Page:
Someone wishing to become a teacher in Libya would either follow a two-year vocational training route or a four-year university degree, in which they would specialise in the chosen secondary subject and take courses in pedagogy – all culminating in end-of-year examinations and a graduation project. If there is a teacher deficit in a subject area, a candidate can become licensed after graduating from university or ‘training up’ to teach the subject which is in deficit. Rote memorisation is used even at the higher education level, with critical and practical thinking not playing any significant role in the teaching and learning experience. Continuing professional development has slowly become more strongly encouraged since 2015, although training centres and courses have been available since the 1990s (Ghait, 2018). The uptake is still minimal, and it is not linked to any conceptions of professionalism or appraisal programmes. Anecdotally, the disproportionate size of the teaching profession, with its low but guaranteed civil service salary and pension, has attracted many employees through wasta (transactional connections), without the necessary qualifications or even practice. There was an attempt to address this issue by a former Minister of Education (2015–18), Dr Othman Abu Jalil, who implemented a system of ‘lesson bonus pay’ for teachers in service, and a more basic income for not-in-service teachers ‘on reserve’. This has been met with considerable resistance from teachers, who insist that it is difficult to find work in subjects that are no longer on offer, in subjects with a surplus of teachers, or in schools that are not adequate for teaching.
It is in this context that teachers are expected to transform of their own accord – with the Ministry of Education claiming in 2019 that although their curricular reforms are in line with the UN SDGs (as evidenced by the mention of SDG topics such as ‘citizenship’, ‘environmental issues’ and ‘earth science’ in subject textbooks), teaching and teacher education have ‘not yet reflected the positive trends … The Ministry is looking for partners to persuade teachers of the importance of such topics’ (Libyan Ministry of Education, 2019: 64). The Ministry of Education seems to lay the full responsibility for social transformation on the shoulders of teachers, without referring to any support available from the ministry itself, and without any development of teacher education programmes. The need to consider teachers not only as individuals, but also as part of a system, with their subjectivities and lived experiences, and their teaching and learning, resonates with what some scholars in the fields of peacebuilding education and education in emergencies have pointed out (Clarke-Habibi, 2018; Gross and Davies, 2015; Horner et al., 2015; Pherali and Lewis, 2019) when trying to suggest programmes for development and reform.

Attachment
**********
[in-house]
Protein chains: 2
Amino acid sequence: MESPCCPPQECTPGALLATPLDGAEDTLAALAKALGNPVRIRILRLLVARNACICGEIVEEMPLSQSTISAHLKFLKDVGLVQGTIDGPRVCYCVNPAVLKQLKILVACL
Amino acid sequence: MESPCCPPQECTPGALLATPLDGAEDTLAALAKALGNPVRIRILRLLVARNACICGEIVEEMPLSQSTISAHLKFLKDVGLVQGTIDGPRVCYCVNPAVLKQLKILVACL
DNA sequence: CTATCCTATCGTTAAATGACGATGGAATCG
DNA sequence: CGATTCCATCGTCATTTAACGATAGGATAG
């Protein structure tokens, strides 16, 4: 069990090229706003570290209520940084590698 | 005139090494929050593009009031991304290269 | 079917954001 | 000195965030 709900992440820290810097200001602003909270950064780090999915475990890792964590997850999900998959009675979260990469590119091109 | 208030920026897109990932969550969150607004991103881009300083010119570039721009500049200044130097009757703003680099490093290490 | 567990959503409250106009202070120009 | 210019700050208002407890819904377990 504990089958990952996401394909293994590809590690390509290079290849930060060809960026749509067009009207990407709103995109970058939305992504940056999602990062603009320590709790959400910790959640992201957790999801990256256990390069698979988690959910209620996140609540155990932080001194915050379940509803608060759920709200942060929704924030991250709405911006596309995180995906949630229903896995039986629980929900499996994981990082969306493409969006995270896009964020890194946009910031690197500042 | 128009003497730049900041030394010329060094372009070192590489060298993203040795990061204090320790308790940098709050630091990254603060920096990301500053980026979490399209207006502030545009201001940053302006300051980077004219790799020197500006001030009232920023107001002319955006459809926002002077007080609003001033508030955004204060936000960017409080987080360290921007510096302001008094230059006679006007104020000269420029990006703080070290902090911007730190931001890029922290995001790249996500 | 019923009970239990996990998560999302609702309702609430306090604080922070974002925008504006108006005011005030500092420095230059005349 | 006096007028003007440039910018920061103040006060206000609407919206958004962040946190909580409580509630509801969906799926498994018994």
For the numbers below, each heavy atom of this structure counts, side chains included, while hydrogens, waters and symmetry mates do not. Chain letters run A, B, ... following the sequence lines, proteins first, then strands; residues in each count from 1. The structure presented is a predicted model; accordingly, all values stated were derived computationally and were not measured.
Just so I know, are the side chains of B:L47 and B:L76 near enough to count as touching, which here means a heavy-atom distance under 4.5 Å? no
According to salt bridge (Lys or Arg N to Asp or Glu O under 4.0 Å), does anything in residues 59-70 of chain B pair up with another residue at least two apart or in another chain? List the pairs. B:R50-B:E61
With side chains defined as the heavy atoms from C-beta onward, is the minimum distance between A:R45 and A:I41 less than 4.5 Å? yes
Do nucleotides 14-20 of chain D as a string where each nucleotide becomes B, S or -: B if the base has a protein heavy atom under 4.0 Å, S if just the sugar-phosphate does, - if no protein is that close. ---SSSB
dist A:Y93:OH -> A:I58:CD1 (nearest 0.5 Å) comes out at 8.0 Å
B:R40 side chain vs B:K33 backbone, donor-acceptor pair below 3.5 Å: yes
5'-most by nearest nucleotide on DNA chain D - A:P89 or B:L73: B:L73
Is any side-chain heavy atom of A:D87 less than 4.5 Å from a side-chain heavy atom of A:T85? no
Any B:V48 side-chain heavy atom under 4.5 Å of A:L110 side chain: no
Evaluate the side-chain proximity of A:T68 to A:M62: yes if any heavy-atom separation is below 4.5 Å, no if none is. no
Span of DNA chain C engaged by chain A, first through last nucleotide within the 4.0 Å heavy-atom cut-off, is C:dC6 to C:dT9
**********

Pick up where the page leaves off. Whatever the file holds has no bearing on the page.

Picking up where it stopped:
When explicit, the aims of teacher education and training in countries such as Libya are linked to teacher-as-technicist performance in ensuring a certain level of student attainment, without paying much attention to the whole student (Ball, 2020; Biesta et al., 2015; Husbands and Pearce, 2012; Orchard and Winch, 2015), and with box-ticking alignments with SDGs for external monitoring. This view of teacher as technicist challenges the vital professionalism of teaching and teachers, in which they are seen as agents capable of developing critical thinkers and active members of society (Biesta, 2020; Freire, 1970/2017; Giroux, 2005; Kincheloe, 2007; Popkewitz, 1998; Saltmarsh, 2008; Uygun, 2008). Instead, a teacher’s competence is tied to their skills in examination coaching or examination fearmongering (the ability to successfully scare students into study).
On the surface, Libyan society subscribes to the human capital theory developed in the 1960s – the idea that education leads to qualification (knowledge and skills), which leads to gainful employment and earnings (Gillies, 2015). Considered within Biesta’s (2015b) exposition of education having three domains of purpose (qualification, socialisation and subjectification), human capital theory emphatically foregrounds the measurable qualification dimension, to the detriment of the other two. Paradoxically, in the Libyan context, this theory is still held, even though there is no Libyan economy to speak of (oil and gas being the only industries, and both being government owned), and even though youth unemployment is at the staggering height of 20 per cent (World Bank, 2022). This paradox is exacerbated by an unspoken consensus that it is not due to a problem with the theory, but to the incompetence and corruption of an education system still struggling with the aftermath of the Gaddafi regime. The so-called solutions to this problem, however, are laid squarely at the feet of teachers and schools (not the Ministry of Education), and they are expected simply to do better in getting students to pass examinations for entry into universities that produce graduates who ultimately find no occupation.